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Home Opinions Teenagers: Our Last Great Hope?
Teenagers: Our Last Great Hope?
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Written by Jeanne Roberts   
In every generation teenagers have gotten a bad rap.

All those hormones at a time when life can be pretty conflicting on its own lead to some bizarre and occasionally offensive behaviors. The recent RNC protests, which I followed closely, are a prime example of young people attempting to create change, or simply awareness, and often going about it badly.


The old aphorism – that a few bad apples spoil the barrel – is true. Of course, apples don't come in barrels anymore, but pick an apple off a supermarket shelf, bite into it at home and come away with a mouthful of worms and you will likely forgo apples for a while, even though 99 percent are worm-free. The same applies to teenagers. Of course, you’re not allowed to bite the teens or put them in barrels (sigh).


On the other hand, allowing a bad apple or a bad teen to influence our choices or attitudes is also unwise. Take, for example, Kate Stoeckle and Louisa Strauss. These two young women, students at New York’s Trinity School, a prestigious and private co-educational prep school, are examples of just how clever, creative and effective teens can be. Of course, the pair clearly have the added advantages of good education and (presumably) financial stability, but this should in no way detract from their accomplishment.


Their feat? Using DNA barcoding, which reads a short segment of mitochondrial DNA, the pair identified fish sold in the city’s restaurants and grocery stores as counterfeit.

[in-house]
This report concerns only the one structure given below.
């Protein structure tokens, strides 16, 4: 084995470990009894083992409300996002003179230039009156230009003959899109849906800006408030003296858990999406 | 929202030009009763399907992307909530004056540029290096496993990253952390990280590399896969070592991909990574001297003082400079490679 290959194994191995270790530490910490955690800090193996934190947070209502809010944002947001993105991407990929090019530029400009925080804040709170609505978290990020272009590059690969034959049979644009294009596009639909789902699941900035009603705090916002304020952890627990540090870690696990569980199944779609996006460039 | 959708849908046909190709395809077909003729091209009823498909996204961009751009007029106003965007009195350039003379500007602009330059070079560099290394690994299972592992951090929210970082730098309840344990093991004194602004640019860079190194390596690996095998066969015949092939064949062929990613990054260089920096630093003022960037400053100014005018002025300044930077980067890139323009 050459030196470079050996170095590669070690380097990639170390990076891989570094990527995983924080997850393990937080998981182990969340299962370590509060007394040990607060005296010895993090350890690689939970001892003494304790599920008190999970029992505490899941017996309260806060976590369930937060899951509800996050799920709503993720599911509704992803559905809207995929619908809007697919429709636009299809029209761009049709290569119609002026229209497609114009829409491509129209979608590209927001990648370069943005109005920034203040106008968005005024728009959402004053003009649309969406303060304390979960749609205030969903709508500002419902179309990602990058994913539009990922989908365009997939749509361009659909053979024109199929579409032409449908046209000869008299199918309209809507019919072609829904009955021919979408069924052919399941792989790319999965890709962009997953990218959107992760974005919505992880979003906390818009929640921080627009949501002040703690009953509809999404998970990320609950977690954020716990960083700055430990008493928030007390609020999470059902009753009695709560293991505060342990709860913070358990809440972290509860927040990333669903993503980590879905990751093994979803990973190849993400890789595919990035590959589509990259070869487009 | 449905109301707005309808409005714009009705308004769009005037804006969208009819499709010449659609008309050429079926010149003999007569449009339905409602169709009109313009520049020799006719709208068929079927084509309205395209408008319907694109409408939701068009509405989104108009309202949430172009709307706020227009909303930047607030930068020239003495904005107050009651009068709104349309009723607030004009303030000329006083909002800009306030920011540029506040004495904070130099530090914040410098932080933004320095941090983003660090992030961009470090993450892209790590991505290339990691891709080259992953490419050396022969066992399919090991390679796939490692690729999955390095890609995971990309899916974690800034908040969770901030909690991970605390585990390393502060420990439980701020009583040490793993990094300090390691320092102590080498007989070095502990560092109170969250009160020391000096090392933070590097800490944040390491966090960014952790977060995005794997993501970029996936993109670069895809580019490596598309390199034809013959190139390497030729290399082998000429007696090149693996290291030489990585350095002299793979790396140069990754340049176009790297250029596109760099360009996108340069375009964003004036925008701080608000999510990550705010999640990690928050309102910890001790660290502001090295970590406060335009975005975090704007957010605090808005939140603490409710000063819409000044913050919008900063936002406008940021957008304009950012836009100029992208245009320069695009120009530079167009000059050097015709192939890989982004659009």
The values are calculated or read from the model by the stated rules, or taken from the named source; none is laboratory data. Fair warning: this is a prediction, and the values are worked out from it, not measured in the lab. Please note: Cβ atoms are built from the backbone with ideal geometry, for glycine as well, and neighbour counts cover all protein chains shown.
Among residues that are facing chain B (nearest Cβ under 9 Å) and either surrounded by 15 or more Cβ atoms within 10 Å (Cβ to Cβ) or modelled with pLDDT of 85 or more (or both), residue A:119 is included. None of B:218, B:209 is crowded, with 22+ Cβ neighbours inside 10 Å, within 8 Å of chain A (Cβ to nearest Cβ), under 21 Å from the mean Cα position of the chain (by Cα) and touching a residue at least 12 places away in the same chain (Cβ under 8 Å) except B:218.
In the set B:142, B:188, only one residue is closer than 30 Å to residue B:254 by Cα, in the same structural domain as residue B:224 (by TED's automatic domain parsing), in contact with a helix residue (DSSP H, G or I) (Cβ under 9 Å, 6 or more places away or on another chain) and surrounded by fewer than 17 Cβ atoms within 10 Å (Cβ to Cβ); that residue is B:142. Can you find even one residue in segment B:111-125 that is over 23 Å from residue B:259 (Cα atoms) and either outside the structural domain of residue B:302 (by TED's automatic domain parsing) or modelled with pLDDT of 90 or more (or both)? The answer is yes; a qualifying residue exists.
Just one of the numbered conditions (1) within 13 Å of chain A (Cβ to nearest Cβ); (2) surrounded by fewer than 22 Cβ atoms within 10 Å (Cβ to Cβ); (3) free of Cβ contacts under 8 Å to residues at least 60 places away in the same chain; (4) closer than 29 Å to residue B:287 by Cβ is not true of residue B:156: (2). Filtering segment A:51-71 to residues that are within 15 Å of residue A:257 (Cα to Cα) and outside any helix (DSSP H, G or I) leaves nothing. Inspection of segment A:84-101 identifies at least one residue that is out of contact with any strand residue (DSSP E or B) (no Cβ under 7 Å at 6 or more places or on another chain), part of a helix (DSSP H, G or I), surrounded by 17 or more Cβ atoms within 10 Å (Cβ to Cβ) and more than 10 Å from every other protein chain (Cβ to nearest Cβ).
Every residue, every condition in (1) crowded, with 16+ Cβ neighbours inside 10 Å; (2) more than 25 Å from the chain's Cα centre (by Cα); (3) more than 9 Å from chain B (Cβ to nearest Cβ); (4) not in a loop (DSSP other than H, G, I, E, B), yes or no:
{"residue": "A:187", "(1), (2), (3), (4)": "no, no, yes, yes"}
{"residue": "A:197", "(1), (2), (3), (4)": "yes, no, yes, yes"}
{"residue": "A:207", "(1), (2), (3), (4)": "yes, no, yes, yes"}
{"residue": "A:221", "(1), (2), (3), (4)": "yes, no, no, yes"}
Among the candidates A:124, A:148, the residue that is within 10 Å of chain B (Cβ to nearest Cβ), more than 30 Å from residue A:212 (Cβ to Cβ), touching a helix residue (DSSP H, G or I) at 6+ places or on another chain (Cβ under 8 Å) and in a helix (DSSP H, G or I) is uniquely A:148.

The most surprising case uncovered by the fishy detectives showed that Acadian redfish (a superbly tasty species endangered by overfishing) is being sold as red snapper. Red snapper costs about $10 a pound or more. The endangered redfish shouldn’t even be showing up on grocery shelves.


Other bait and switch offerings included tilapia being sold as white tuna, and goatfish – with whiskers similar to catfish – being sold as Mediterranean red mullet. The latter two are both of the same species (Mullidae), but the former is definitely inferior in flavor because it, like catfish, is a bottom-feeder.

Last year, A Christchurch teenager discovered multiple, antibiotic-resistant bacteria in chicken being sold in supermarkets in her native New Zealand.

Jane Millar’s science project could affect the kinds of antibiotics used to treat human disease. This kind of groundbreaking science, by a 17-year-old, highlights the importance of taking serious teenagers seriously, and has led to calls for further investigation of the role of antibiotics in disease resistance. Millar’s discovery was published in the New Zealand Institute’s science journal.

More recently, a Canadian teen has discovered a novel way to biodegrade plastic bags. Working in his kitchen on a budget of less than $100, Daniel Burd did what no scientist or manufacturer to date has managed to do; break down those ubiquitous grocery bags into little more than water, carbon dioxide and heat.


And less than a month ago, a Kenyan teen has cobbled together an auto anti-theft device that works off a standard cellphone. Chances are that Morris Mbetsa, who has made OnStar expensively redundant, was working from a similar $100-dollar budget.


I could go on, but you get the picture (if you don’t, just Google the words, “teenager invents” or "discovers." Teenagers have a reputation for being noisy, messy, inexplicably moody, frequently secretive, and often rebellious, but they are also amazingly intelligent, technologically savvy and innovative, and I think we need to focus on that; a challenge I frequently issue to other adults, whose most common response is, "So what? Those teens are just the exception to the rule."


When it comes to teens there is no rule. And the examples that I cite are just the teens that made it to the front page or the Internet. A thousand examples of good consumerism, good sense, charity and social advocacy by teens remain unheralded.


Today’s teenagers are tomorrow’s problem solvers, and the environmental, energy, and social justice challenges they face are greater than those presented to any single generation in living memory. Disappointment, especially when directed at the young, tends to be a self-fulfilling prophecy. Let’s not hamstring them with our preconceptions before they have had a chance to run with their ideas. It’s not like we adults have done such a great job ourselves.


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